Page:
Ever since the first book about tauromachy published in 1796 by Pepe-Hillo, and up to the 1943 publication of the ultimate reference book El Cossío, an encyclopaedia that originally had four volumes, which by the time of its 2007 update had thirty, not forgetting TV coverage of bullfights and specialist programming, all possible angles and details of the bullfight have been picked over.
All, apart from one: the bull’s experience.
Tauromachy, a documentary by Jaime Alekos, uses images filmed during 23 bullfights and junior bullfights in 15 cities and towns throughout Spain in the last three years to restore to the bull the importance this animal deserves, but that has been denied him throughout history.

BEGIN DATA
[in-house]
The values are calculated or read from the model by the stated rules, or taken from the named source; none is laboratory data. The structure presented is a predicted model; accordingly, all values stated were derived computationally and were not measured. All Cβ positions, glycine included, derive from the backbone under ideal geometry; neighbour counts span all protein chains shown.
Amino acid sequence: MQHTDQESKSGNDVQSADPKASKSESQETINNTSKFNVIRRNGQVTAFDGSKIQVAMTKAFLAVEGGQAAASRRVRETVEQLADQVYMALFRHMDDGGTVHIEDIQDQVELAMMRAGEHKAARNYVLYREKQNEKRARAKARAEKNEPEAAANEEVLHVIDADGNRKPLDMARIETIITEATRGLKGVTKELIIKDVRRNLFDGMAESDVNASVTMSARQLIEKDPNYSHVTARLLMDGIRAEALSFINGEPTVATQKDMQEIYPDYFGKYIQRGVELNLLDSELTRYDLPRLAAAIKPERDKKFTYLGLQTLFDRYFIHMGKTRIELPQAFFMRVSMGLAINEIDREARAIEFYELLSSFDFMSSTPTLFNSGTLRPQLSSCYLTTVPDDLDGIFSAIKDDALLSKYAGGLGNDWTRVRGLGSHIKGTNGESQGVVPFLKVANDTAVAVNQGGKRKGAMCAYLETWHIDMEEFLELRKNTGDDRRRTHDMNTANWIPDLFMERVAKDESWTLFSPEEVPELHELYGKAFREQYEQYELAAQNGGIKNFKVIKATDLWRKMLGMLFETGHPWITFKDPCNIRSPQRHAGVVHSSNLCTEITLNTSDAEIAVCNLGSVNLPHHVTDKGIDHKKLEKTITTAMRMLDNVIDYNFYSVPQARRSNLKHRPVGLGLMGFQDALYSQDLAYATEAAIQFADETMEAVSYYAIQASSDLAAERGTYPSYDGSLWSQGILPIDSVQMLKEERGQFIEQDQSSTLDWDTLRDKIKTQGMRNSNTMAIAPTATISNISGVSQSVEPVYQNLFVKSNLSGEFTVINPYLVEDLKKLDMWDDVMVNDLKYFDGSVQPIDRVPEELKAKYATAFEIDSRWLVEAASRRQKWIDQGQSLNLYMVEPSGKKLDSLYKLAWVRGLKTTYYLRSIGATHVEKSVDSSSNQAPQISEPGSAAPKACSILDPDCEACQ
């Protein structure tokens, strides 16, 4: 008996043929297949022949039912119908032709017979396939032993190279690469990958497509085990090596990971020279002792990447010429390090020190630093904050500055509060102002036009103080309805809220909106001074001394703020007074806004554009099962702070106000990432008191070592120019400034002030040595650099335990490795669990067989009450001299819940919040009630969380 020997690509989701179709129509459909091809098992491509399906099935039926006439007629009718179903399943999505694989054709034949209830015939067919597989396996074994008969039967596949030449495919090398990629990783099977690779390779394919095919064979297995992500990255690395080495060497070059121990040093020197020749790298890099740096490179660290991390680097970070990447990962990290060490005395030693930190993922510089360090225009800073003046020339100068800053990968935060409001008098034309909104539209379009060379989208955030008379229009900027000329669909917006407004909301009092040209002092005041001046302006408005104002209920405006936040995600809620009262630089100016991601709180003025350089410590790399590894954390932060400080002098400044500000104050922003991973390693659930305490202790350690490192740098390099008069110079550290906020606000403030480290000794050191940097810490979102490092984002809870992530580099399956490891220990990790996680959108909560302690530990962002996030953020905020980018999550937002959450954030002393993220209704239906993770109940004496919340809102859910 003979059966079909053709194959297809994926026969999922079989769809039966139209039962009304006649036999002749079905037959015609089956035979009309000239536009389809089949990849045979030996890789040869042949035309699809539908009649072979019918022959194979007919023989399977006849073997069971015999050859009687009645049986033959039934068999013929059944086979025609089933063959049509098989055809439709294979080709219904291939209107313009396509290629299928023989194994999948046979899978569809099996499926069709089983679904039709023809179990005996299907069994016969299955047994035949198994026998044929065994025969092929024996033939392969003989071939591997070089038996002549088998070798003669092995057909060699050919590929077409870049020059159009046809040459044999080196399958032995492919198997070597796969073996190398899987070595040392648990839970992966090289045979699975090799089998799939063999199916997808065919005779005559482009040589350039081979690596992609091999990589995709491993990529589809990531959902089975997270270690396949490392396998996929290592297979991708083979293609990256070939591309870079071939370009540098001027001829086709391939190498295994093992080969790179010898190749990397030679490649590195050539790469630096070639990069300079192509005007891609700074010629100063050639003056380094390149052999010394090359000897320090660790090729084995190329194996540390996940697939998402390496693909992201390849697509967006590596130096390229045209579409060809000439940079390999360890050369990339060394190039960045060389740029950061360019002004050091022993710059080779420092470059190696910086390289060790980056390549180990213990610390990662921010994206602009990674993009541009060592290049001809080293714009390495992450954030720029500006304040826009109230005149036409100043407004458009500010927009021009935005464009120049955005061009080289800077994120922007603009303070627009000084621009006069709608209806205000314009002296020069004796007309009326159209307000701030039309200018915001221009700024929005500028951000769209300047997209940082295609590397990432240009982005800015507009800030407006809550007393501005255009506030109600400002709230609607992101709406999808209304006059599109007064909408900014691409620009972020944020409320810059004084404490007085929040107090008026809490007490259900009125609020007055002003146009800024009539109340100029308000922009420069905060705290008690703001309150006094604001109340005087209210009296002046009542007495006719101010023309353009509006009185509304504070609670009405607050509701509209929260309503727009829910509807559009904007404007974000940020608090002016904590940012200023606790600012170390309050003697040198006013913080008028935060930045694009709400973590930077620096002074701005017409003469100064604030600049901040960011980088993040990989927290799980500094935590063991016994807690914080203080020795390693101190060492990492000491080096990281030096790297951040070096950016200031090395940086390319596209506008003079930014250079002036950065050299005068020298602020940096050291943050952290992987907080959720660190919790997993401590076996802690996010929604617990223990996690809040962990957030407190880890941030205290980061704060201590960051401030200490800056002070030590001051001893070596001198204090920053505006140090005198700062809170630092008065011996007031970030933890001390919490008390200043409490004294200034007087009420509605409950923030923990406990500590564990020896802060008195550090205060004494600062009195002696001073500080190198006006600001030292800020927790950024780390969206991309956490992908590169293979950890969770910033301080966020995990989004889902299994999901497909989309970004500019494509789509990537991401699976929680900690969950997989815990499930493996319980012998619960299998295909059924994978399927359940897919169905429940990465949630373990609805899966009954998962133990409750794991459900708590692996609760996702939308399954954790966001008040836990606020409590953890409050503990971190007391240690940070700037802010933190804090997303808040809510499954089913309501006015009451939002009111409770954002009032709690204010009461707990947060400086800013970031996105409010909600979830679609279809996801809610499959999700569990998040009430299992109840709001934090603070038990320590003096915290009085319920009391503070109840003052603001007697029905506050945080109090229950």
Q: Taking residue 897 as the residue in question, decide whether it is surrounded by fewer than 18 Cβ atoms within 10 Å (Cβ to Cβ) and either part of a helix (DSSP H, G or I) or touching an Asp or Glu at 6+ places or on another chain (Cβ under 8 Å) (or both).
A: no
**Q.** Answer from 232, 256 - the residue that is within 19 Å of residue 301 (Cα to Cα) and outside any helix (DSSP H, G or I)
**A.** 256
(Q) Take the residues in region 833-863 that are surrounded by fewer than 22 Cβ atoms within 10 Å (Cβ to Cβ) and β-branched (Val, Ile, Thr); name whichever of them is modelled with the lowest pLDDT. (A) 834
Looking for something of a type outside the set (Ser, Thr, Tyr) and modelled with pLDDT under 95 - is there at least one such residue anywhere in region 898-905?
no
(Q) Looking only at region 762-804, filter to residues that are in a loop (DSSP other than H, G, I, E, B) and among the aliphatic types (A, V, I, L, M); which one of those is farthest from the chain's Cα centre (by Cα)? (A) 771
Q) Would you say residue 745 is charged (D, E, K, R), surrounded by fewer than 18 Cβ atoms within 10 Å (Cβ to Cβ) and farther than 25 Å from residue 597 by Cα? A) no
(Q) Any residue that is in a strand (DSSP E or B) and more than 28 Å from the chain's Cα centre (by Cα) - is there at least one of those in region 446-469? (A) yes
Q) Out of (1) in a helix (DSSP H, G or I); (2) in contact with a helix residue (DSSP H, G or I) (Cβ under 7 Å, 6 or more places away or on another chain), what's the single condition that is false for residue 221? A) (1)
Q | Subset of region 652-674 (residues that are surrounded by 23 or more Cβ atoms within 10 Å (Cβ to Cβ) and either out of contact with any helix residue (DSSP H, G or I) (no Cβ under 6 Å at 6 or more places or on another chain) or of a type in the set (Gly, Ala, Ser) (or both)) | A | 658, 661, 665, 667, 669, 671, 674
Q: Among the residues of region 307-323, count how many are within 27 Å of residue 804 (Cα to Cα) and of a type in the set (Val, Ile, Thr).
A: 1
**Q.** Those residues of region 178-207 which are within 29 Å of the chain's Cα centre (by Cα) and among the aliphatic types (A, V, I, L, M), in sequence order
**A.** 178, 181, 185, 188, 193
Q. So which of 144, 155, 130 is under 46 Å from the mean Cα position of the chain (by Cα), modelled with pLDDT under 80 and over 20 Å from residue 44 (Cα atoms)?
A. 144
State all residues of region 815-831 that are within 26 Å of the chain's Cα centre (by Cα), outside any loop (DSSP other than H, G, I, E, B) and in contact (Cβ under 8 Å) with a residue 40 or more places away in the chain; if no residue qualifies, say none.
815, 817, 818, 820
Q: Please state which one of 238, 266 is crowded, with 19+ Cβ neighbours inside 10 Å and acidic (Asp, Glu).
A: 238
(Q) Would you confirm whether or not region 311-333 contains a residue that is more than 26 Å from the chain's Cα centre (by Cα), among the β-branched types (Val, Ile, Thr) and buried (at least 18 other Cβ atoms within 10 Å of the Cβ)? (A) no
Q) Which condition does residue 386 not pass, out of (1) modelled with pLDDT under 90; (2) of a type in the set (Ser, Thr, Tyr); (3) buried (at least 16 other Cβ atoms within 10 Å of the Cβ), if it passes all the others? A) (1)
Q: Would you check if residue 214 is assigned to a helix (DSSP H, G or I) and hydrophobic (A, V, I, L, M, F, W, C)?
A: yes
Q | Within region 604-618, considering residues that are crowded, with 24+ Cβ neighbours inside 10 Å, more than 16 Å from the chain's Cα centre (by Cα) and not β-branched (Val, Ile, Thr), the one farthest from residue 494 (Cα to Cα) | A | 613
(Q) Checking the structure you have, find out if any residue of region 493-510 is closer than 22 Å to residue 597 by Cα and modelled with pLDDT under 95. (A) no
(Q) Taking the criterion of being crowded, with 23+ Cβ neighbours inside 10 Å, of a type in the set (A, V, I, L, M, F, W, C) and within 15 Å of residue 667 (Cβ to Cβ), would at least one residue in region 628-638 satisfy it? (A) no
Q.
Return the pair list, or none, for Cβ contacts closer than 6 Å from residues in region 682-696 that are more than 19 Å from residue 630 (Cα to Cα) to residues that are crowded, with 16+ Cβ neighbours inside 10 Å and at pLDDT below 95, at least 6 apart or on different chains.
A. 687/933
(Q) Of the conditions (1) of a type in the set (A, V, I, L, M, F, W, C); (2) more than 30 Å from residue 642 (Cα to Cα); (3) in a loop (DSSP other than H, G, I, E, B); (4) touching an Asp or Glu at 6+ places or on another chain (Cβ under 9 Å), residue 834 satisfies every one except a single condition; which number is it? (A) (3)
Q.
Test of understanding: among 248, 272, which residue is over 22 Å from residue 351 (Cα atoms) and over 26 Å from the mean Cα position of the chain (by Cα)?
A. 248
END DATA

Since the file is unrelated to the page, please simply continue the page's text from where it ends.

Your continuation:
Tauromachy takes the viewer on a thirty-minute journey with the bull through the three stages of the contest. There is photography as we have never seen it before of the animal’s facial expressions, its body language and its reactions. The words “bravery” and “nobility” acquire new meaning as we view them from the perspective of the bull.
This documentary completes the information that we have about tauromachy, with the inclusion of a component that is essential if we are truly to understand it: the consequences of a bullfight for every animal that goes into the ring; this is a necessary piece of the story if we are to form a judgement about whether this activity is valid and acceptable in our times.